Farah then claims: "The first I saw of this document was Sunday night when Orly Taitz put it on her website." That's impossible, since WND published it Sunday morning. Further, Farah asserted in a message on his Twitter account the previous Friday, July 31: "Trust me for now: More coming next week on Birth-gate. You will be stunned. No more will anyone say there's 'no evidence.'" That's presumably a reference to the "Kenyan birth certificate." Which means Farah may have had knowledge, if not actual pictures, of the certificate nearly two days before WND published it. That should have given it more than enough time to try and authenticate it -- that is, if WND actually cared about the truth.
(Farah tweeted later on Aug. 4: "The big story I promised you last week on eligibility issue was NOT the Kenyan birth document. I didn't even know about that last week.")
Farah then misleadingly casts doubt on the authenticity of Obama's Hawaiian birth certificate: "the people who claim it is won't get any help from the state of Hawaii, which has steadfastly refused to confirm it is official Hawaiian issuance." Farah linked to an August 2 WND article by Jerome Corsi contained no supporting evidence for the claim that Hawaii officials "refused to authenticate" the certificate -- only Corsi's assertion to that effect.
Most interesting, however is this claim by Farah: "The Kenyan document could be real. I haven't seen a single disqualifying error pointed out in the last 24 hours. But I still strongly suspect it is not."
Call us crazy -- or just adherents to sound journalistic practice -- but if Farah could not authenticate the document he doubts is authentic (and, indeed, made no apparent effort to do so), WND had no business publishing it. Farah and WND acted irresponsibly in doing so.
So why did Farah publish it? Because he seems to believe that any publicity is good publicity, even if the certificate later proves to be a fake.
Indeed, that's what WND was forced to concede two days later. An Aug. 6 article by Jerome Corsi stated: "The Kenyan birth document released by California attorney Orly Taitz is probably not authentic, according to WND's investigative operatives in Africa." Corsi added that "WND obtained several samples of Kenyan birth certificates in use around Aug. 4, 1961, the date of Obama's birth, showing differences from the Taitz document."
This appears to be a direct contradiction of the previous claim that "WND was able to obtain other birth certificates from Kenya for purposes of comparison, and the form of the documents appear to be identical." As the image of the "authentic 1961-era Kenyan birth certificate obtained by WND" included in Corsi's article demonstrates, it looks completely different from the Orly Taitz-linked "Kenyan birth certificate." There is absolutely no way a reasonable person could claimed that the two "appear to be identical." (Then again, who said that WND employees were reasonable people?)
Corsi did not explain how the Kenyan documents it claimed to have in its possession went from "appearing to be identical" to having "distinct differences."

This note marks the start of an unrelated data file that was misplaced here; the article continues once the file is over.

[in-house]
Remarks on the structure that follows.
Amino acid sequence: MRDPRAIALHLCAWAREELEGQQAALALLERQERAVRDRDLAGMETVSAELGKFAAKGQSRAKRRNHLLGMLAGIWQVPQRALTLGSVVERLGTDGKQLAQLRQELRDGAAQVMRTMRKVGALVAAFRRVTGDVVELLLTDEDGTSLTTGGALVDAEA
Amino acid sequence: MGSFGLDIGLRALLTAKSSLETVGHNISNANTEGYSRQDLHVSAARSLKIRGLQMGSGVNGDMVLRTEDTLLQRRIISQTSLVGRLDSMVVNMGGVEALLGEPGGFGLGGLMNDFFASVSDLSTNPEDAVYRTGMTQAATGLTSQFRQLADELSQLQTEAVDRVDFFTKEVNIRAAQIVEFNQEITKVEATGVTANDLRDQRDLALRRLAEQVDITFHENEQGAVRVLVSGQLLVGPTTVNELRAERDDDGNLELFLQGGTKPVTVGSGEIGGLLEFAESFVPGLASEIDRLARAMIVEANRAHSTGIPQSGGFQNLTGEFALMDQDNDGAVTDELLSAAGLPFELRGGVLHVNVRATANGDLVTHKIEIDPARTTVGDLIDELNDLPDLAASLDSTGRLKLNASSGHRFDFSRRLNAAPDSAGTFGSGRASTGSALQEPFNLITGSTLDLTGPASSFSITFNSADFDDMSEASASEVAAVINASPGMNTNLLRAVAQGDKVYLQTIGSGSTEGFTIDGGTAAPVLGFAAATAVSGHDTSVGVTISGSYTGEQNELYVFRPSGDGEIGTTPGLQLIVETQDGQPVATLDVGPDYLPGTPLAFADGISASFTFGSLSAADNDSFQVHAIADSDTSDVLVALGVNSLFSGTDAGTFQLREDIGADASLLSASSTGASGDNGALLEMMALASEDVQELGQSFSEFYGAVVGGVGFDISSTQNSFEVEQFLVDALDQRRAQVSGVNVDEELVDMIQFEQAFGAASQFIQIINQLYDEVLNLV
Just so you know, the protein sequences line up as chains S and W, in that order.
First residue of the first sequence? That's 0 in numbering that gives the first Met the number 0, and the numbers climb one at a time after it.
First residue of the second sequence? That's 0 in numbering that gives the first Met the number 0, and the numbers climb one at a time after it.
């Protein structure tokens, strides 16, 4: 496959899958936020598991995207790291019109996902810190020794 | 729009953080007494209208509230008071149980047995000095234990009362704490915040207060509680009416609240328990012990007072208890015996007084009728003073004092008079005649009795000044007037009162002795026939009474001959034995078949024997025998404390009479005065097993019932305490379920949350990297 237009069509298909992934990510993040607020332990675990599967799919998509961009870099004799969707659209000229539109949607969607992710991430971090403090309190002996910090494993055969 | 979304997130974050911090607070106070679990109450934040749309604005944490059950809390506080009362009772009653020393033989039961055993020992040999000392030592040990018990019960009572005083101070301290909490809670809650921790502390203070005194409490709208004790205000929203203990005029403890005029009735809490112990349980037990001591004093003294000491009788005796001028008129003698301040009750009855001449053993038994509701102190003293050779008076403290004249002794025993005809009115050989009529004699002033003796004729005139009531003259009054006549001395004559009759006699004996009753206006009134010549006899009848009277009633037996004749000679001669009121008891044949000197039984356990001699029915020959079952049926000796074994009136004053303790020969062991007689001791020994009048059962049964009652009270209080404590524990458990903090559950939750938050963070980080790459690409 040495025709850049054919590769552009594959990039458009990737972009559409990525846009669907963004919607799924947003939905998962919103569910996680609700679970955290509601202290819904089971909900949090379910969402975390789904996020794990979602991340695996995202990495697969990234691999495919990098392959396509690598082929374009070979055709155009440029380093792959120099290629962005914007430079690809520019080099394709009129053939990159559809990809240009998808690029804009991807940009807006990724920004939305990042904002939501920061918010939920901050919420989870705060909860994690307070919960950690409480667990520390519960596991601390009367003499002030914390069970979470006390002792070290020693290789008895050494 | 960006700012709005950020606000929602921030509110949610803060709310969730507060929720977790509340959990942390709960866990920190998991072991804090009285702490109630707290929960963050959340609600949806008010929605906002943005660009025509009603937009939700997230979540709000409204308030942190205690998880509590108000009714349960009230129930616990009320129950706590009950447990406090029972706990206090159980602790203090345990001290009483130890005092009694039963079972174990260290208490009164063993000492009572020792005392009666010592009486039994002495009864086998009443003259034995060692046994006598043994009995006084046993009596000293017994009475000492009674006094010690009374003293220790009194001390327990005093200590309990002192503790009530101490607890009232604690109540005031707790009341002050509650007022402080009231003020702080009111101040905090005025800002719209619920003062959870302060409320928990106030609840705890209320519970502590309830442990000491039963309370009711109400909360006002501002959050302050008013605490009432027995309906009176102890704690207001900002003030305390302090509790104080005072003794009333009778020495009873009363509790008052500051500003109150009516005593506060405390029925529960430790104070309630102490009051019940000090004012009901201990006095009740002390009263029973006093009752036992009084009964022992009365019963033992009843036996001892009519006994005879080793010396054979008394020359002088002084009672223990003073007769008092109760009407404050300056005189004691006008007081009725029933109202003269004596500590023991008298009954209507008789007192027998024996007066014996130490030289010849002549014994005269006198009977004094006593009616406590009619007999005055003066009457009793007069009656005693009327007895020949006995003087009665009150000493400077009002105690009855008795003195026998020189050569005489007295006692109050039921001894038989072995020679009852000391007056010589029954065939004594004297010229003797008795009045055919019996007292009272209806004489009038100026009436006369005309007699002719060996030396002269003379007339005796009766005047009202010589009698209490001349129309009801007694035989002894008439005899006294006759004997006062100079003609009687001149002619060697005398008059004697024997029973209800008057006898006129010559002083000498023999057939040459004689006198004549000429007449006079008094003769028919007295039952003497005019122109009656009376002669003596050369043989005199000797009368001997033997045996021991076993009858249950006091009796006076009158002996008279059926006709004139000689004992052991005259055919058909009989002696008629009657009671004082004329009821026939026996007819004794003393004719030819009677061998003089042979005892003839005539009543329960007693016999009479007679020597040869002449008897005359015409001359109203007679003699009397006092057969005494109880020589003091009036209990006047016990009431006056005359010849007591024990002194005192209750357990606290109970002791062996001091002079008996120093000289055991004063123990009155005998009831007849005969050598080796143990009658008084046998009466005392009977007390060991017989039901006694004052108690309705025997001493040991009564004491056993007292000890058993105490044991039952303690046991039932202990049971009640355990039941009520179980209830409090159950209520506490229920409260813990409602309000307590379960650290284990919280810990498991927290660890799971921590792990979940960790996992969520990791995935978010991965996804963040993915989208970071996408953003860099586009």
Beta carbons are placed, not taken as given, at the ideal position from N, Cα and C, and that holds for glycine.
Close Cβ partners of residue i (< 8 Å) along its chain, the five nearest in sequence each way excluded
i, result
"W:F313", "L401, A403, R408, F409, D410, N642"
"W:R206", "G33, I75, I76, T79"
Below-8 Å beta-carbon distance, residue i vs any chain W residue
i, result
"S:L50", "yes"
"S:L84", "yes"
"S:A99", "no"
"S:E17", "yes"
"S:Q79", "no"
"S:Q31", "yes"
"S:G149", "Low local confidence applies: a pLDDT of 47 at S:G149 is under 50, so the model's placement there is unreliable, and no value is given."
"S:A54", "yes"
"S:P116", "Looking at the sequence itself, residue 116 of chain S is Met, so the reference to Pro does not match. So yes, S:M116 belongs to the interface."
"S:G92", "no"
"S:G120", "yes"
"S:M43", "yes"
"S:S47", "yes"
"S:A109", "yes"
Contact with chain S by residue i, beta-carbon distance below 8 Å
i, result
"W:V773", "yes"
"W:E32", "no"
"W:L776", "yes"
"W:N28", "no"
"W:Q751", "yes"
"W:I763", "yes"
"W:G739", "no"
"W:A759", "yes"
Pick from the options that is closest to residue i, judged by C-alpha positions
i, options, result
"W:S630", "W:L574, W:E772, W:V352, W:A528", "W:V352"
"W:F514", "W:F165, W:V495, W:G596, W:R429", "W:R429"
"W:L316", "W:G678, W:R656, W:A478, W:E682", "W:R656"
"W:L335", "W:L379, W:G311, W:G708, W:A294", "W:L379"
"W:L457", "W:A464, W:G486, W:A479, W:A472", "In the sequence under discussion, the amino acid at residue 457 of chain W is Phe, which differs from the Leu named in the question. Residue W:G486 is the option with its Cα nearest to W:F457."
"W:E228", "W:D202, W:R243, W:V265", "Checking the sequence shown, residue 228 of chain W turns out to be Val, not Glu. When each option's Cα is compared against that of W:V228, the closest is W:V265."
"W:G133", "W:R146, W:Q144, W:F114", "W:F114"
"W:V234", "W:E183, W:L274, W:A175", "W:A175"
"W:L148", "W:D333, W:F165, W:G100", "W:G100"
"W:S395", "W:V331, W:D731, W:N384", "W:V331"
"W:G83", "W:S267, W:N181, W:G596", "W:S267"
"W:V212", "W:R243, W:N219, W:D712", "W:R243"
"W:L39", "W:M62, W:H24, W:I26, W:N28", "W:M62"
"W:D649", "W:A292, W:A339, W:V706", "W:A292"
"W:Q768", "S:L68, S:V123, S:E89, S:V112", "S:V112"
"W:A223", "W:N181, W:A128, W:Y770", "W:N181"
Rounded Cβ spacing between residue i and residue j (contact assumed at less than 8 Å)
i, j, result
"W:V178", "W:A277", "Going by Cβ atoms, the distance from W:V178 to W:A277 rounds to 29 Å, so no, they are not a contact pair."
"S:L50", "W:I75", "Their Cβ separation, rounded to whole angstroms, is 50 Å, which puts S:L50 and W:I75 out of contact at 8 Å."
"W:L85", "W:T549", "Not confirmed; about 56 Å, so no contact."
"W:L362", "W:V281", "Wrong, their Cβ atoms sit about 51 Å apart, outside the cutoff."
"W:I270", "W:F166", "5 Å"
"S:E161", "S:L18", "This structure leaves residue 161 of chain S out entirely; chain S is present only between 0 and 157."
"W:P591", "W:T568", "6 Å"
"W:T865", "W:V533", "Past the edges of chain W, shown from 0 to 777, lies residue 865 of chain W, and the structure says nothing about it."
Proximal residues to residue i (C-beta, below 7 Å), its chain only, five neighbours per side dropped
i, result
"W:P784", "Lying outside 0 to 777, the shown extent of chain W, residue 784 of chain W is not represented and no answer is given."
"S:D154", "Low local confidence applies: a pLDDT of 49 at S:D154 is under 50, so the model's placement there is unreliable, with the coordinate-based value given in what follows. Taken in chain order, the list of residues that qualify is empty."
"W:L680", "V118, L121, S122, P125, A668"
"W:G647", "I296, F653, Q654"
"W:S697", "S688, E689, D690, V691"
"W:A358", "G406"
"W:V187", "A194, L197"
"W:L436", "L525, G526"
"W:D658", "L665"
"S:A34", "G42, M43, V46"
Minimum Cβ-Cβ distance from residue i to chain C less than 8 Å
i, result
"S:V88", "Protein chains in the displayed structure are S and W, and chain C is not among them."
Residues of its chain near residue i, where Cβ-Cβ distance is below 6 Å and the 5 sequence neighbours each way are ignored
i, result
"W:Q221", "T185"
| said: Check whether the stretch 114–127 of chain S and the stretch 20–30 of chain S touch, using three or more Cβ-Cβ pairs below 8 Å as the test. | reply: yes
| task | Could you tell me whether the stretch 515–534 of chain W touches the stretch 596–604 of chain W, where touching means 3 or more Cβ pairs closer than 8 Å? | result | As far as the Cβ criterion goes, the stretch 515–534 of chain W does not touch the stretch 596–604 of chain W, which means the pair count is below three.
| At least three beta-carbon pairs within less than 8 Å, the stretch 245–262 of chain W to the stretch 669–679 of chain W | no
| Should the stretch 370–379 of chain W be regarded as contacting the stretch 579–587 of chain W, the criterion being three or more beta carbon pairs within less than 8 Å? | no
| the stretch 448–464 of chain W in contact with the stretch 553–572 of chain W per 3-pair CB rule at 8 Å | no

Nor did Farah in his Aug. 6 column. He did, however, claim that "I am not making accusations about where Obama was born." Wrong -- he has repeated the false claim that Obama's grandmother said Obama was born in Kenya.
WND has also refused to report to its readers the fact that, as Salon.com reported, a federal court ordered Taitz's submission of the now-discredited Kenyan "birth certificate" to be stricken from the record, stating that Taitz's motion was improperly filed "for the following reasons: Lacks proper notice; improper form and format; Counsel failed to identify her Cal. State Bar No.; description of motion conflicts or differs from that which counsel entered on Court's e-docket." Salon added: "The electronic court record for the case, in which she's representing Alan Keyes, among others, is filled with similar procedural errors on her part."
Throughout all of this, WND has not explained why it decided to act so irresponsibly by publishing something it made no apparent effort to authenticate beforehand. That the "Kenyan birth certificate" was discredited in such swift fashion indicates not just mere laziness but malicious intent on WND's part to smear Obama by publishing something it should have known was false. Thus, WND has managed to further discredit itself (not that Farah seems to care much about credibilty, only about destroying Obama).
But has WND been chastened by this exposure of its gross irresponsibility? Heck, no -- at WND, gross irresponsibility is Job 1. WND has already published numerous lies about Obama and the birth certificate; why would it stop now?
Indeed, WND not only hasn't stopped, it has doubled down on the irresponsibility. An Aug. 9 article touted a report "proclaiming Barack Obama's 'official birth document' a fake and suggesting the president may actually have been born in Canada."
Where did this report that WND has embraced appear? In the Globe, a supermarket tabloid. Like so many of WND's reports, anonymous sources are cited. But any attack on Obama is music to WND's ears, even if it comes from a supermarket tabloid of dubious reliability.
With that article fresh on its front page, Farah stunningly devoted his Aug. 10 column to complaining that he and his fellow birthers are being ridiculed for their obsession.
Farah appears to be oblivious to the fact that when you exercise gross irresponsibility in publishing something you can't prove is true and embracing a supermarket tabloid's anonymous reporting, people are going to subject you to ridicule. If you behave like a clown, don't be surprised if a circus breaks out around you.
Farah then defends the birther movement yet again: "It's a leaderless movement the hardest kind to crush. And it's righteous because it is rooted in the desire for truth and upholding the Constitution."
Well, no. Farah cares more about hating Obama and running his partisan playbook and selling trinkets than he does the Constitution.
Remember, he's an activist, not a journalist.